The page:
But that, on the other hand, is a very traumatizing fact for Alejandra. It is already the idea of giving up his black cloak, mask and his sword that makes him nervous. He does not even consider saying goodbye to Zorro just because of his family. And there are still three more months, very hot months until joining the USA. The situation results in the moment, when Alejandro is getting ready for an action and Ellen tells him that if he leaves, he does not need to come back that day. Thus Alejandro does not come home for three months and after very complicated facts and circumstances he receives divorce petition. These love-birds are really getting divorced, which is unbelievable and the unhappy hero is drowning his sorrows related to his catastrophic problems. He is very disappointed, full of grief or hate. While Alejandro is still drinking (it takes very long), the spectator already knows for a long time that this divorce is only a part of a devilish plan of two main negative characters, i.e. McGivens with wooden teeth and French count Armando (Rufus Sewell), who know the real identity of Zorro. And to make it even worse Armando starts to be attracted to just divorced Ellen and starts to import huge amount of soap to America! And thus it is not just the fate of Zorro’s family or marriage that is in danger but also the fate of California or the whole USA even...



Martin Campbell is in connection with this episode compared with his colleague director Stephenom Sommersom and his two Mummies. While the first episode was mysterious and charming containing simple yet effective story line, the second episode (as it is usual) is over the top and too complicated from screen play but more importantly from visual point of view. The story is too complicated, filled with politics (even the current one). There are also characters added to this movie who think that the country behind the Atlantic is too dangerous and that an action should be taken to change it. By these of course Islamic terrorists are meant. In my opinion adding current politics in this movie is useless and represents a negative feature of it.

This episode is, at least the parade of outstanding action and breakneck scenes. There is a lot of chasing, swordplay or explosions. There is even a scene, in which Zorro gets on the roof of a running train sitting on his horse. In this episode Zorro turns from a mysterious character to an acrobatic star giving performance for his own enjoyment or for “audience ovations”.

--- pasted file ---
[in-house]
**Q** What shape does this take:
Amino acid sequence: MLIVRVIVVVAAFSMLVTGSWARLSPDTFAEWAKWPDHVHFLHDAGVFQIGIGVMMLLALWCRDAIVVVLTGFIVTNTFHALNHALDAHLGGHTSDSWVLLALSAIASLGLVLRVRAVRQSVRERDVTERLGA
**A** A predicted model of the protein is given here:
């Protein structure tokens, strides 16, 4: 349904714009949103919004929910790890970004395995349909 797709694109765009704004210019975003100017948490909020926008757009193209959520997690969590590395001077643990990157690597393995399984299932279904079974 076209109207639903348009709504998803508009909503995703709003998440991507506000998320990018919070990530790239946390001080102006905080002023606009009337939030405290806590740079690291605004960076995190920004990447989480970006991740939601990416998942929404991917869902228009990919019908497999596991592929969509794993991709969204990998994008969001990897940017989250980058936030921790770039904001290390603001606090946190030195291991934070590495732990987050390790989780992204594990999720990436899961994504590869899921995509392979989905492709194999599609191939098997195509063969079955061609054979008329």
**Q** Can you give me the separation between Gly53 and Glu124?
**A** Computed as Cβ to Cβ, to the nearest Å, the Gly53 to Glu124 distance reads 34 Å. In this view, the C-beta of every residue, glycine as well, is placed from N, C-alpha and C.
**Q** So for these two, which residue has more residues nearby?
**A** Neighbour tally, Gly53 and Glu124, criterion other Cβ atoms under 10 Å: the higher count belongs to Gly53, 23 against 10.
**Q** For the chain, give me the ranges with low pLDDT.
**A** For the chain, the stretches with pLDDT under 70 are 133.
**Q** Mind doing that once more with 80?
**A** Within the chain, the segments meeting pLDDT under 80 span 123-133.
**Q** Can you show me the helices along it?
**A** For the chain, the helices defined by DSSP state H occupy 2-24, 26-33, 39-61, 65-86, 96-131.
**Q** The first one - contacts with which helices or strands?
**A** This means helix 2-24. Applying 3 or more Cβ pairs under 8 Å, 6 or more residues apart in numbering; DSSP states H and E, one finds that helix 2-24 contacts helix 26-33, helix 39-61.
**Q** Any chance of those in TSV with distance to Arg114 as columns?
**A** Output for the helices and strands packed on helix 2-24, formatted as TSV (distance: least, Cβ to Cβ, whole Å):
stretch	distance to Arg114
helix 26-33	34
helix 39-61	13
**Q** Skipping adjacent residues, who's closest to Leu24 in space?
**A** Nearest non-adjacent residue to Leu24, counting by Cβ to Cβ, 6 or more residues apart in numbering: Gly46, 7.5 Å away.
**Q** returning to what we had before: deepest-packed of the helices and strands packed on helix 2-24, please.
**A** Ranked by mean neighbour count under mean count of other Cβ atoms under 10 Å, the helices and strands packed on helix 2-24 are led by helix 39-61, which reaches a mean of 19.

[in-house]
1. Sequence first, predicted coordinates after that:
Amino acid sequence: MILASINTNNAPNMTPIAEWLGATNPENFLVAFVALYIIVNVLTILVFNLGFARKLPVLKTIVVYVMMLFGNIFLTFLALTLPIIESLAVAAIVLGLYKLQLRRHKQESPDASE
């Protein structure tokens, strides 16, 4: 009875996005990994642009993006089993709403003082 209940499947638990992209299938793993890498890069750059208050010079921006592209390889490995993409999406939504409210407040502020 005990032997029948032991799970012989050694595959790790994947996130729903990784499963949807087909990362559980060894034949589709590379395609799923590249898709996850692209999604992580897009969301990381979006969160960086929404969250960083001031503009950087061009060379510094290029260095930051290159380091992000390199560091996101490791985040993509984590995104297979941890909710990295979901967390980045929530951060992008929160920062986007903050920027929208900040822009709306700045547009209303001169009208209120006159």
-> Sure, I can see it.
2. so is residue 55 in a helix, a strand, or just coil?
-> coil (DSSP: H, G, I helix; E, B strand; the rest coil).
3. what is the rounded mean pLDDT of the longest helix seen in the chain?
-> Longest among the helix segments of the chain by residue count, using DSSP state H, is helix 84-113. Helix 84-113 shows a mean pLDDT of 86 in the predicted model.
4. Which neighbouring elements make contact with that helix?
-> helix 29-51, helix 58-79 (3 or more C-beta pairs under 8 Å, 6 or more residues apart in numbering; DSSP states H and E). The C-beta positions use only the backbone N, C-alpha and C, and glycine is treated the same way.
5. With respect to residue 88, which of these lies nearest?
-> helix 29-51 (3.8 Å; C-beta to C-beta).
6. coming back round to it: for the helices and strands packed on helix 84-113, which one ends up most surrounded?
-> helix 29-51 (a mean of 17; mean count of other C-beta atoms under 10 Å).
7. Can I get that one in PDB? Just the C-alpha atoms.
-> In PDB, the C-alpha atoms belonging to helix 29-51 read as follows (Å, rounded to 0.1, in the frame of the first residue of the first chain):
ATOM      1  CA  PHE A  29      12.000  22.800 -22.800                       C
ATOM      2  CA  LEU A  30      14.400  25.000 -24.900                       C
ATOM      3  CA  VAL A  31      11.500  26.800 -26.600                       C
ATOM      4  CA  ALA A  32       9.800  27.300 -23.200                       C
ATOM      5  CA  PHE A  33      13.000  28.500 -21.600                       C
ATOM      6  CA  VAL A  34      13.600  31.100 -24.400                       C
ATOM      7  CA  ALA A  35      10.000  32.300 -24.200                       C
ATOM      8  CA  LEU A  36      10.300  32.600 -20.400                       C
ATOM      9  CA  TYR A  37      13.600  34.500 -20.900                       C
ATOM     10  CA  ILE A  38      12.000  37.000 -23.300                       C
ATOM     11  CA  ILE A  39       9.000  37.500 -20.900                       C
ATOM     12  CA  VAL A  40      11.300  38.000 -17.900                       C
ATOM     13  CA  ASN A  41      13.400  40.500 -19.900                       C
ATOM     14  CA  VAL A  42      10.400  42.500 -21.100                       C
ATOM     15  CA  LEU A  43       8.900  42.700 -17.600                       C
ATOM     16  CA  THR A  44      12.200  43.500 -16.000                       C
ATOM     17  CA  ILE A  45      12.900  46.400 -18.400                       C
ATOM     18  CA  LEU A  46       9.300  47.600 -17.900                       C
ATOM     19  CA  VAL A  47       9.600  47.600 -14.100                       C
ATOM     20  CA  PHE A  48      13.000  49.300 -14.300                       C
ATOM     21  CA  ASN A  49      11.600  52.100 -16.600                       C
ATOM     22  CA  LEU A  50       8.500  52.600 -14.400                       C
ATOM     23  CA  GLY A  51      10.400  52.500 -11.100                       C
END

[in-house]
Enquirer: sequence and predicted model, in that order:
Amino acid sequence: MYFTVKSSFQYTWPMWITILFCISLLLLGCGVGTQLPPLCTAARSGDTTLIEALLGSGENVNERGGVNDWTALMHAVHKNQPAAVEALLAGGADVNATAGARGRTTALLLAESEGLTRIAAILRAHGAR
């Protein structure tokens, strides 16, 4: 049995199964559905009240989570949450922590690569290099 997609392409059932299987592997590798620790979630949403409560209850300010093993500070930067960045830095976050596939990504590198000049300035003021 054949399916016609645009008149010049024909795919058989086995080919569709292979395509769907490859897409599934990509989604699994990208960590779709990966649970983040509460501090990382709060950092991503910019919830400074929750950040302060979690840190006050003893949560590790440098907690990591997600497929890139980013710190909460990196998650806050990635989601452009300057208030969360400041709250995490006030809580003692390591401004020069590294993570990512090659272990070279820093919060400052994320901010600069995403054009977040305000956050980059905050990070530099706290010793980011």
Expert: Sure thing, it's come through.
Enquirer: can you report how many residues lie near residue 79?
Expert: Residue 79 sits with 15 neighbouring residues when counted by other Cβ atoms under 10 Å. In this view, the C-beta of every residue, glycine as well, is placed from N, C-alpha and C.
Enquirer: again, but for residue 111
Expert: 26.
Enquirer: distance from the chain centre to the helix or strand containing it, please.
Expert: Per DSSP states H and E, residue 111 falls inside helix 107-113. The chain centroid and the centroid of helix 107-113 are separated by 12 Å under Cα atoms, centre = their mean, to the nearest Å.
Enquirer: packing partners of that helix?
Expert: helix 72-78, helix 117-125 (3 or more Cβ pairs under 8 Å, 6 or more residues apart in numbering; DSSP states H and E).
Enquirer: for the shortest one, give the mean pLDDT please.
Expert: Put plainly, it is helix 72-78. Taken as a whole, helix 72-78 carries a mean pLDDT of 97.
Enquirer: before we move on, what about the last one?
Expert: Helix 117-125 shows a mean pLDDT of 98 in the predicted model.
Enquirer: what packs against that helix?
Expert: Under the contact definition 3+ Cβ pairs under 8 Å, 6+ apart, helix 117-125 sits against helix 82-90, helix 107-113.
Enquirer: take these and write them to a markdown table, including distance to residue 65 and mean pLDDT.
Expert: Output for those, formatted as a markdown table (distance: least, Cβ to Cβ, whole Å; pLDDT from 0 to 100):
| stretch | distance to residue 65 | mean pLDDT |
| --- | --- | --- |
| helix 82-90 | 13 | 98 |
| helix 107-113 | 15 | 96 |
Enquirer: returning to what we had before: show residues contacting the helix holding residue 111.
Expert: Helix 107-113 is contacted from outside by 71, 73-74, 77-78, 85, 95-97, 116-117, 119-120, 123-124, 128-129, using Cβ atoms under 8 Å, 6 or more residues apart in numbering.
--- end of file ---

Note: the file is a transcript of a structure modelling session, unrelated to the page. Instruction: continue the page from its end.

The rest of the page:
I can therefore define the screenplay of Robert Orci and Alex Kurtzman (the recent Island Michael Baya) as too complicated thanks to everything that can fit in this genre. It would all be perfect if the film director was able to direct these elements or “mix it and spice it up” correctly. Another strong negative feature of the screenplay lies in the unbelievable length of the movie, which is long even for this type of genre! The spectator feels as if they spend almost 3 hours sitting in the cinema.

Screenplay insufficiencies or inconsistencies are in some places overlaid or even saved by the personal charm of Antonio Banderas or his spouse Catherine Zeta-Jones (who is also given enough space to show her sharp eye and physical condition) and by pleasant and non-violent humour, of which however is over the top in some places.

In simple terms the movie The Legend of Zorro does not bring anything new. It can be included in the group of usual second episodes, which took a different direction than the first and usually more original one. Yet, there is still a lot to see. Even if you get bored by the first somewhat pseudo-psychological part of this episode the second and more action-based, spectacular part of it will ensure partial compensation...